The Centre européen du résistant déporté was inaugurated in 2005. It's meant to represent and remember those who fought oppression throughout Europe during WWII.

The CERD's permanent exhibit is located in the basement of the building. It's a dark, eerily quiet space that traces the history of resistance and deportation in Europe. From a visual perspective, the exhibit is incredibly well-done, although the sleek finish of its back-lit displays occasionally comes off as impersonal and overly polished.

As you can see in this photo, the illuminated exhibits surround a fenced-off concrete structure. Called the Kartoffelkeller, or potato cellar, this building was built in 1943-1944 by camp prisoners. According to the museum, no one has ever been able to discover what the purpose of the building was intended to be. Given the Nazis penchant for documenting every detail of their undertakings, it's an uncertainty that I found particularly chilling.


As far as concentration camps go, KL-Natzweiler was small potatoes ... nothing like the infamous killing sites now scattered throughout history textbooks. I had never heard of it before beginning my research and have observed that the name is not particularly well-known, even in within France. However, after my brief visit, I have to say that the site is one of the most striking -- if not the most striking -- sites related to WWII and to the Shoah that I have ever seen.

I walked to and from the site, a distance of almost eight miles roundtrip. It was a LONG walk, but it gave me time to think about what I was seeing. With its rolling hills, green pastures, and picturesque villages, the area around the camp is undoubtedly some of the most beautiful paysage in France. It's a strange contrast that only becomes more striking the closer you get to the camp itself. How could something so horrible happen in a place so beautiful?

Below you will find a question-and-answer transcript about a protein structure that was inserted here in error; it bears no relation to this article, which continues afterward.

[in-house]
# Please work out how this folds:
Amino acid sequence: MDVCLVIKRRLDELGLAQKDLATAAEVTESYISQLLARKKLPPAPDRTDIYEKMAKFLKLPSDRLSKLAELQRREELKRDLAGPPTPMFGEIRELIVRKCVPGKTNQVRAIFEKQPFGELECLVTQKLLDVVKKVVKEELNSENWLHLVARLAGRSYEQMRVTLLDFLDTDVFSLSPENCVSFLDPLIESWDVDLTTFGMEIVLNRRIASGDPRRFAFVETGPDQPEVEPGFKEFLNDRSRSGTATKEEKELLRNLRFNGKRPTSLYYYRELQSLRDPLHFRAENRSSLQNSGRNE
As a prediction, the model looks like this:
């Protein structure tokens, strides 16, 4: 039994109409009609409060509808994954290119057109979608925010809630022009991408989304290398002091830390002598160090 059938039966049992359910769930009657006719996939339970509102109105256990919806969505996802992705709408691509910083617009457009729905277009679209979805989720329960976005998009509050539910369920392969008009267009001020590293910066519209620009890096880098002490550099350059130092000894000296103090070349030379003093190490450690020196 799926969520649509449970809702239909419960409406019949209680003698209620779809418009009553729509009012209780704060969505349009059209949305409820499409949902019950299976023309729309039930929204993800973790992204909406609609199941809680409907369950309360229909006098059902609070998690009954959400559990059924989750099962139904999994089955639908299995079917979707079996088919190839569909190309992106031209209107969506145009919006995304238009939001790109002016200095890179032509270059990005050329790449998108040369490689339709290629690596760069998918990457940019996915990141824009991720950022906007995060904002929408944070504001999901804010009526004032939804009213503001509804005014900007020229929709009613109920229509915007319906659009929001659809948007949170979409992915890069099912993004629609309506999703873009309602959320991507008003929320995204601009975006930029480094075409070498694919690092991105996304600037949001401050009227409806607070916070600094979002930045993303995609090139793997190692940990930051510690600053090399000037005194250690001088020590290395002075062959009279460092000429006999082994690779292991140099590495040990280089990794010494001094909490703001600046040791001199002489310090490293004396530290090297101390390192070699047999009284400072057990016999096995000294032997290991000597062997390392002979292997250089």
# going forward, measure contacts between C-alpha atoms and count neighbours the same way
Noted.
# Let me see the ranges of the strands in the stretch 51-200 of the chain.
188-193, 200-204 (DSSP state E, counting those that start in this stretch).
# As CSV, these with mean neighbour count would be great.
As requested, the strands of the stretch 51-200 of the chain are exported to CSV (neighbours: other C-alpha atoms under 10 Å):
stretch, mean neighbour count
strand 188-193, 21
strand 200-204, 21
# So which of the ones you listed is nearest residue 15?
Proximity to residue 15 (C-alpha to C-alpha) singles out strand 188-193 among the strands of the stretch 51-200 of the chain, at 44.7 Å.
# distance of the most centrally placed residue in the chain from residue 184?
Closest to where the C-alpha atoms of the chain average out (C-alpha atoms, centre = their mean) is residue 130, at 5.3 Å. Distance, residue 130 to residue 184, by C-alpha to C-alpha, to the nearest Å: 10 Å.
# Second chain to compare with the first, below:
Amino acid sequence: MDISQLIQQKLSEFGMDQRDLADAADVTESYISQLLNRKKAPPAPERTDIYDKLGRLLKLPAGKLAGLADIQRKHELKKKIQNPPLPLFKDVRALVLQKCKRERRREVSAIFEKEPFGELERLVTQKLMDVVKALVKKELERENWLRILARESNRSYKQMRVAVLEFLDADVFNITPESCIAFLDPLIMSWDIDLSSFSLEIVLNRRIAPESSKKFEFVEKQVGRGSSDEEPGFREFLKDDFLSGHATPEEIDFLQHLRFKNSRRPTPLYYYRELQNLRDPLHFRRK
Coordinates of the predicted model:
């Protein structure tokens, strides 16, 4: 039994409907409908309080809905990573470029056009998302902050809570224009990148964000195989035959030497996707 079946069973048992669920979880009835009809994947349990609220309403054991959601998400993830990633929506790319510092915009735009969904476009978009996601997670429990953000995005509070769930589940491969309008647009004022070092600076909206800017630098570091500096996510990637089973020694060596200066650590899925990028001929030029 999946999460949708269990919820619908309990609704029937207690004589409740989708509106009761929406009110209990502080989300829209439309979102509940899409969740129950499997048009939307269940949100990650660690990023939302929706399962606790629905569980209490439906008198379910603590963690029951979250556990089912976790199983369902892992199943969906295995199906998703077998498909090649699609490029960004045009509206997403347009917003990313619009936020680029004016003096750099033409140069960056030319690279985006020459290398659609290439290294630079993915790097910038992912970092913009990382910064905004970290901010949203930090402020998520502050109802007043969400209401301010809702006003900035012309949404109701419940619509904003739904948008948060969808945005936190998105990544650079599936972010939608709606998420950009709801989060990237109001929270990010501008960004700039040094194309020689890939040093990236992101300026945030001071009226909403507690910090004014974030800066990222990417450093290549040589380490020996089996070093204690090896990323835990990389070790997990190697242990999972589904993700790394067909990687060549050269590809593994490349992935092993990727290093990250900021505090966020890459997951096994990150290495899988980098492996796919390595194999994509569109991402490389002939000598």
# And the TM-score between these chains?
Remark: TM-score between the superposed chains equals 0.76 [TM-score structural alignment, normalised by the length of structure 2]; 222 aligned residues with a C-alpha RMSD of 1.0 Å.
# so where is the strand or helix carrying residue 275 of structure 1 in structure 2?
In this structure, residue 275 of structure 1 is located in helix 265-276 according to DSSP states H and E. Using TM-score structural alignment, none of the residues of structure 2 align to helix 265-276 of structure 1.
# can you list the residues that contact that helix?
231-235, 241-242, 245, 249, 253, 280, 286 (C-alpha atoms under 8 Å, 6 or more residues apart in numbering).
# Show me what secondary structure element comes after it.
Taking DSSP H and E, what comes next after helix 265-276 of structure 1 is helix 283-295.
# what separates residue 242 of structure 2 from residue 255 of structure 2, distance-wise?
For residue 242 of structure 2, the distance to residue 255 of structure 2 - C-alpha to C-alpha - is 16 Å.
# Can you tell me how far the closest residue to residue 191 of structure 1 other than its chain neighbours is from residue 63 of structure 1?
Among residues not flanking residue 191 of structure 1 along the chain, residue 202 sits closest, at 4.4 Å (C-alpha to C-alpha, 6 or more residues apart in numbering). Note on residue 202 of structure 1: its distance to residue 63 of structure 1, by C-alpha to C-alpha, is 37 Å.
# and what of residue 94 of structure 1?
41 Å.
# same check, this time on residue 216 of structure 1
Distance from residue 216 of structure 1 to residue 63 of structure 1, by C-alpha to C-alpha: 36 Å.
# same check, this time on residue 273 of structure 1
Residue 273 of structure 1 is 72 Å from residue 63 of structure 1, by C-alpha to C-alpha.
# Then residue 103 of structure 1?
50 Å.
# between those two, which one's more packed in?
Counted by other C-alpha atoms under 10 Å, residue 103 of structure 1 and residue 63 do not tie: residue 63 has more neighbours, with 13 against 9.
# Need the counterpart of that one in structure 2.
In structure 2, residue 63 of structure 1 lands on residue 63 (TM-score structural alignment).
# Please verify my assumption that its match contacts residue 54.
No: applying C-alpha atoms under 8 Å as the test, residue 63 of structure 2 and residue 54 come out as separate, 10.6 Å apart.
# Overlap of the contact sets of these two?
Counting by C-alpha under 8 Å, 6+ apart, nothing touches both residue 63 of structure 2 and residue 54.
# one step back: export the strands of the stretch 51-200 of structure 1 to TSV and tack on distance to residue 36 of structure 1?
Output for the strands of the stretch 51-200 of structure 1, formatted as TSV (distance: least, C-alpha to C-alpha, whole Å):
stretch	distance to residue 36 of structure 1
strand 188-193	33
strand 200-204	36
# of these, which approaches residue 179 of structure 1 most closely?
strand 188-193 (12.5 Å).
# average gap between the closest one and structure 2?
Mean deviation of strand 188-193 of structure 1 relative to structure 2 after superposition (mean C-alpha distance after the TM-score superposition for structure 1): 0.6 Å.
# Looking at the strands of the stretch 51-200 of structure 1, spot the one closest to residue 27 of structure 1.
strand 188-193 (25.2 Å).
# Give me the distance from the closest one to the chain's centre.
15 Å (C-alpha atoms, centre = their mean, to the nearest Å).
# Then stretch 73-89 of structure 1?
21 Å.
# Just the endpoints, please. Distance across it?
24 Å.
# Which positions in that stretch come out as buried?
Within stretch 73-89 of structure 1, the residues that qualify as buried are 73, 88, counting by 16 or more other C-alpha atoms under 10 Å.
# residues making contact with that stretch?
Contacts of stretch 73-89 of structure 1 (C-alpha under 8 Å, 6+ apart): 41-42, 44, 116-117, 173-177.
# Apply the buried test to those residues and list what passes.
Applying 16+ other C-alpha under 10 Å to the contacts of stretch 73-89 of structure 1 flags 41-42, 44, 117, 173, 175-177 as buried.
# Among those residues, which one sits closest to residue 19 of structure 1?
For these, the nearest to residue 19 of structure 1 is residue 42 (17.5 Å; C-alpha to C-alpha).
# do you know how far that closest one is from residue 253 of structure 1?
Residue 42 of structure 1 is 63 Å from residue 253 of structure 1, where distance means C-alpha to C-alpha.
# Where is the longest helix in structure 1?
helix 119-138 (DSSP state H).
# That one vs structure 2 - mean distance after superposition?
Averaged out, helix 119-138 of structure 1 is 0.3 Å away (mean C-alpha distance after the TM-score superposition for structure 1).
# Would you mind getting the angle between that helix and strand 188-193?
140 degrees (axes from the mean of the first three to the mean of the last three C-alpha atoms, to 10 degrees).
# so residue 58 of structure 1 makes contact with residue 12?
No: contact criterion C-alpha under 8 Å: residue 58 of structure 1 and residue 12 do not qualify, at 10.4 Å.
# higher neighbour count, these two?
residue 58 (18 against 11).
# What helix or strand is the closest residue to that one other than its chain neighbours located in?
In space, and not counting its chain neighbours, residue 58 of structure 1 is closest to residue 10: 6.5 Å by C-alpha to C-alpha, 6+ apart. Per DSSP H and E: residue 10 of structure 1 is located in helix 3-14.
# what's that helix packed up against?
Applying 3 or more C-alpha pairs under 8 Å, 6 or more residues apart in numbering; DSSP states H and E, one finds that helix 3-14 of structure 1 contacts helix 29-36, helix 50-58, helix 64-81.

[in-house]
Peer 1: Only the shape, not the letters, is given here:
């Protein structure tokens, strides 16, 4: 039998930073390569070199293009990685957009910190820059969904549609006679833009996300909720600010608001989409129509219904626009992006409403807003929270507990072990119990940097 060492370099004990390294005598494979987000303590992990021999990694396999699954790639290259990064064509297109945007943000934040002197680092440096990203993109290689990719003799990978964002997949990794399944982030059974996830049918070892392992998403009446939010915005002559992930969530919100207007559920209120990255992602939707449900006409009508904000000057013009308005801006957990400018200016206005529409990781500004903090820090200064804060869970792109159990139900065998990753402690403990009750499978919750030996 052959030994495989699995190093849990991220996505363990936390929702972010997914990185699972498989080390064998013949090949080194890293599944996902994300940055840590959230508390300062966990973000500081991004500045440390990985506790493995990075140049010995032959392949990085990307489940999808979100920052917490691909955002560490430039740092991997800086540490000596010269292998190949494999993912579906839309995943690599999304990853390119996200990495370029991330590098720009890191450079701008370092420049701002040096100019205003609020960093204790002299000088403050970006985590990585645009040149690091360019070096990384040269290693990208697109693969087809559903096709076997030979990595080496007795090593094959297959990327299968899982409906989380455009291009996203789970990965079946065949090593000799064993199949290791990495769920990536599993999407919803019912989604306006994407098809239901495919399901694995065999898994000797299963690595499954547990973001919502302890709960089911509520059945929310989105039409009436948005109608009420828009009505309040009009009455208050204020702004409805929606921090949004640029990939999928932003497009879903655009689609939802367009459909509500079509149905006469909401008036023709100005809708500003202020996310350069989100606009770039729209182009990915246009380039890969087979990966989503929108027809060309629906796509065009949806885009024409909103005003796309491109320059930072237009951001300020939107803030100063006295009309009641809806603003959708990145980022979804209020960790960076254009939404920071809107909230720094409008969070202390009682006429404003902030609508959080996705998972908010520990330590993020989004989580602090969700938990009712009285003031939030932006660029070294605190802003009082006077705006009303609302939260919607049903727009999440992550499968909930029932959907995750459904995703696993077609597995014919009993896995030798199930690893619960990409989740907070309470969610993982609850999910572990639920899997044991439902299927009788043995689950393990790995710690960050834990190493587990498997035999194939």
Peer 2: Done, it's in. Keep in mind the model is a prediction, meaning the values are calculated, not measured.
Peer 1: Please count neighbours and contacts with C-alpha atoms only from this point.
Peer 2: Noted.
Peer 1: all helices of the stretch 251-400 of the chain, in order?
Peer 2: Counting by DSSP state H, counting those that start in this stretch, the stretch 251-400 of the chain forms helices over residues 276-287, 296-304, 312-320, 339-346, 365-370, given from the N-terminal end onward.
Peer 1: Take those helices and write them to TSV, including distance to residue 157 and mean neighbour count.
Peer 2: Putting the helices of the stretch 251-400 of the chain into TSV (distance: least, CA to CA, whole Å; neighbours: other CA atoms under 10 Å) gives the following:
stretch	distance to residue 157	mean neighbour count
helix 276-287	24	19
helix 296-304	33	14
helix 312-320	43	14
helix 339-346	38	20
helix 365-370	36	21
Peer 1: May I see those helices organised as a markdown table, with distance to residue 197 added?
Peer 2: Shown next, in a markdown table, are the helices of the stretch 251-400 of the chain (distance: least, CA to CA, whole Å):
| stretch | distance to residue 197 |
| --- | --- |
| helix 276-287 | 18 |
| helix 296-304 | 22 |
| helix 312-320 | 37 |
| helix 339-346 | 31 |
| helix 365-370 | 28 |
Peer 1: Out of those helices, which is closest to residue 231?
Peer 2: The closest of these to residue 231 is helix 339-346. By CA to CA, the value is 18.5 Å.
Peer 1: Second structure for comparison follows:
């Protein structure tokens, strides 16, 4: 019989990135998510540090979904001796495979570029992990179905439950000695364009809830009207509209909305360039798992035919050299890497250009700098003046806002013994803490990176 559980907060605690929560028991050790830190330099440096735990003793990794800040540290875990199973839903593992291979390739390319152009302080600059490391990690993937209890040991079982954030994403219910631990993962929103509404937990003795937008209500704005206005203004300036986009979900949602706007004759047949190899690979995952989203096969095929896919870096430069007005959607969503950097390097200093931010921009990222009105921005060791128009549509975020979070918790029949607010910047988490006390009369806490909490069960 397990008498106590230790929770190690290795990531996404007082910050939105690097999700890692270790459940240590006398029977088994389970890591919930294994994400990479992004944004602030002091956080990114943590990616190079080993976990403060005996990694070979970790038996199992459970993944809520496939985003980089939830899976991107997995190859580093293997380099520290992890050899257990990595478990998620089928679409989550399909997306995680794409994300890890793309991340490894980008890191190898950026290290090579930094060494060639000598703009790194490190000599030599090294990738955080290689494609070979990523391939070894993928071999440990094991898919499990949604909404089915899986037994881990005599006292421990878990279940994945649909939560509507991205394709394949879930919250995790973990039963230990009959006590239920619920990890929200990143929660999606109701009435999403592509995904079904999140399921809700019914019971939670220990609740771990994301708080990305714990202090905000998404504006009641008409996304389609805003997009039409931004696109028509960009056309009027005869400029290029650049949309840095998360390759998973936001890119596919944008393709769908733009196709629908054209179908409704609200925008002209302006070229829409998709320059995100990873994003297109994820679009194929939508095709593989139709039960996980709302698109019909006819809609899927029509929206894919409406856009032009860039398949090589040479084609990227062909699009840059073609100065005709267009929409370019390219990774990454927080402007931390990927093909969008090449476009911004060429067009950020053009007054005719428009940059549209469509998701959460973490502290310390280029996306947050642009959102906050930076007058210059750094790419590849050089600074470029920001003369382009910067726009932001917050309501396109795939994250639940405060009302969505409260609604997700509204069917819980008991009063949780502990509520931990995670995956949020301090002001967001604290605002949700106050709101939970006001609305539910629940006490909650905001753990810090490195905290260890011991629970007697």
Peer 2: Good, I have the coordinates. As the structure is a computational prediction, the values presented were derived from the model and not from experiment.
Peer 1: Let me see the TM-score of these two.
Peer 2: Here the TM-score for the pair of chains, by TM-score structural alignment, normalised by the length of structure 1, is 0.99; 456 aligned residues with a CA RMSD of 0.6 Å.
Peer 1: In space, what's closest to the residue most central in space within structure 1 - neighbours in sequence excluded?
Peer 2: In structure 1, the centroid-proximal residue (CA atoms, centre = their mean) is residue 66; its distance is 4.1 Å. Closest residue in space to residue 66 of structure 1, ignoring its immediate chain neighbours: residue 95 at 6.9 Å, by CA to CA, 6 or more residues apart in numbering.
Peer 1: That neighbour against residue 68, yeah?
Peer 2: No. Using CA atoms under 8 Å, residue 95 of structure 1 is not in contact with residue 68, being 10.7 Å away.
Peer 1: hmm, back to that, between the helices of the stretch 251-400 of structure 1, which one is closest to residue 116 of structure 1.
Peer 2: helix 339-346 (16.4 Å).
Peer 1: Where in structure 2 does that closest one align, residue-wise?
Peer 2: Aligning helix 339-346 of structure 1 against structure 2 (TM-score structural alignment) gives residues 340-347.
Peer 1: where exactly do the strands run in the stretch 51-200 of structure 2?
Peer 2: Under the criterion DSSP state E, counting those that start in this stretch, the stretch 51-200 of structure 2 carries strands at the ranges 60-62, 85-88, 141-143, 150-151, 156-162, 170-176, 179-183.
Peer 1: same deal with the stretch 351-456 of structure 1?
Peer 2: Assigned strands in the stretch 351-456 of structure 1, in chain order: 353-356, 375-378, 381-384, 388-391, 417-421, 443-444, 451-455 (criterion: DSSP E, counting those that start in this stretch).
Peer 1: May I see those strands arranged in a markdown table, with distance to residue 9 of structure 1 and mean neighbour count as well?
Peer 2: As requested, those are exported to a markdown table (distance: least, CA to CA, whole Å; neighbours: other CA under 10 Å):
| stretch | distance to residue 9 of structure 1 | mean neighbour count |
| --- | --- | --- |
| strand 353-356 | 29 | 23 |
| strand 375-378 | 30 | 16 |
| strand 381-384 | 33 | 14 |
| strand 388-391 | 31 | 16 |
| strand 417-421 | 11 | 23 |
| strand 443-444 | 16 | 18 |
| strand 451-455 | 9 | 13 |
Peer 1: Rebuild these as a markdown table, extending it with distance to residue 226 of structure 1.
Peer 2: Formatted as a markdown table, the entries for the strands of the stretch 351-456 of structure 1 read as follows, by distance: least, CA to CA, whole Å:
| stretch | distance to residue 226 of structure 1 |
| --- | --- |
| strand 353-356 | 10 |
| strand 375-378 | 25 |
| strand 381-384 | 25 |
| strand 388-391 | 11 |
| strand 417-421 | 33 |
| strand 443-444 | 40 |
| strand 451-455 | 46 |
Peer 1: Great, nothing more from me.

For visitors asking themselves this very question, the museum provides an answer in the form of a small plaque on the barracks features a quote from Léon Boutbien, a member of the Resistance deported to the camp ... "Ceux qui admireront la beauté naturelle de ce sommet ne pourront croire que cette montagne est maudite parce qu'elle a abrité l'enfer des hommes libres." ("Those who will admire the natural beauty of this summit will be able to think only that this mountain is cursed because it served as the hell of free men.")

Plan Your Visit

ACCESSIBILITY. Struthof is located approximately 60 km (or one hour, by road) from Strasbourg. According to the Struthof's official website, the site is not accessible except by car or chartered bus. This isn't entirely true: as you read above, I was able to make the hike from the nearby town of Rothau without much trouble. The unique hike follows the path taken by the prisoners deported to Struthof and informative plaques are scattered along the route. However, walking to Struthof is a big undertaking and not something that I would recommend for the typical tourist. The trails are marked, but not always easy to access. If you would like to make the hike, consider buying a map of Alsace hiking trails and contacting the Office de Tourisme de la Vallée de la Bruche, who will be able to give you some advice. Make sure to bring sunscreen, bug spray, and plenty of water, and to allow approximately two hours to make the trip from Rothau to Struthof.

The Rothau train station, where deportees arrived on their way to the  KL-Natzweiler concentration camp.

Although the official website claims that all information is offered equally in English, French and German, I found the museum was geared primarily towards French- and German-speakers. English-speaking visitors will have no problem at the CERD, which features extensive English translations.

PRICES. Admission to the memorial and former concentration camp is free for all visitors. However, guests wishing to visit le Centre européen du résistant déporté (CERD) -- also located at the site -- must purchase a ticket. Find individual ticket prices here.

MORE INFORMATION. Click here to access the official website and find out more about a visit to Struthof. If you are unable to visit the camp at this time but would still like to see and learn more, you can conduct a virtual visit on the camp's website.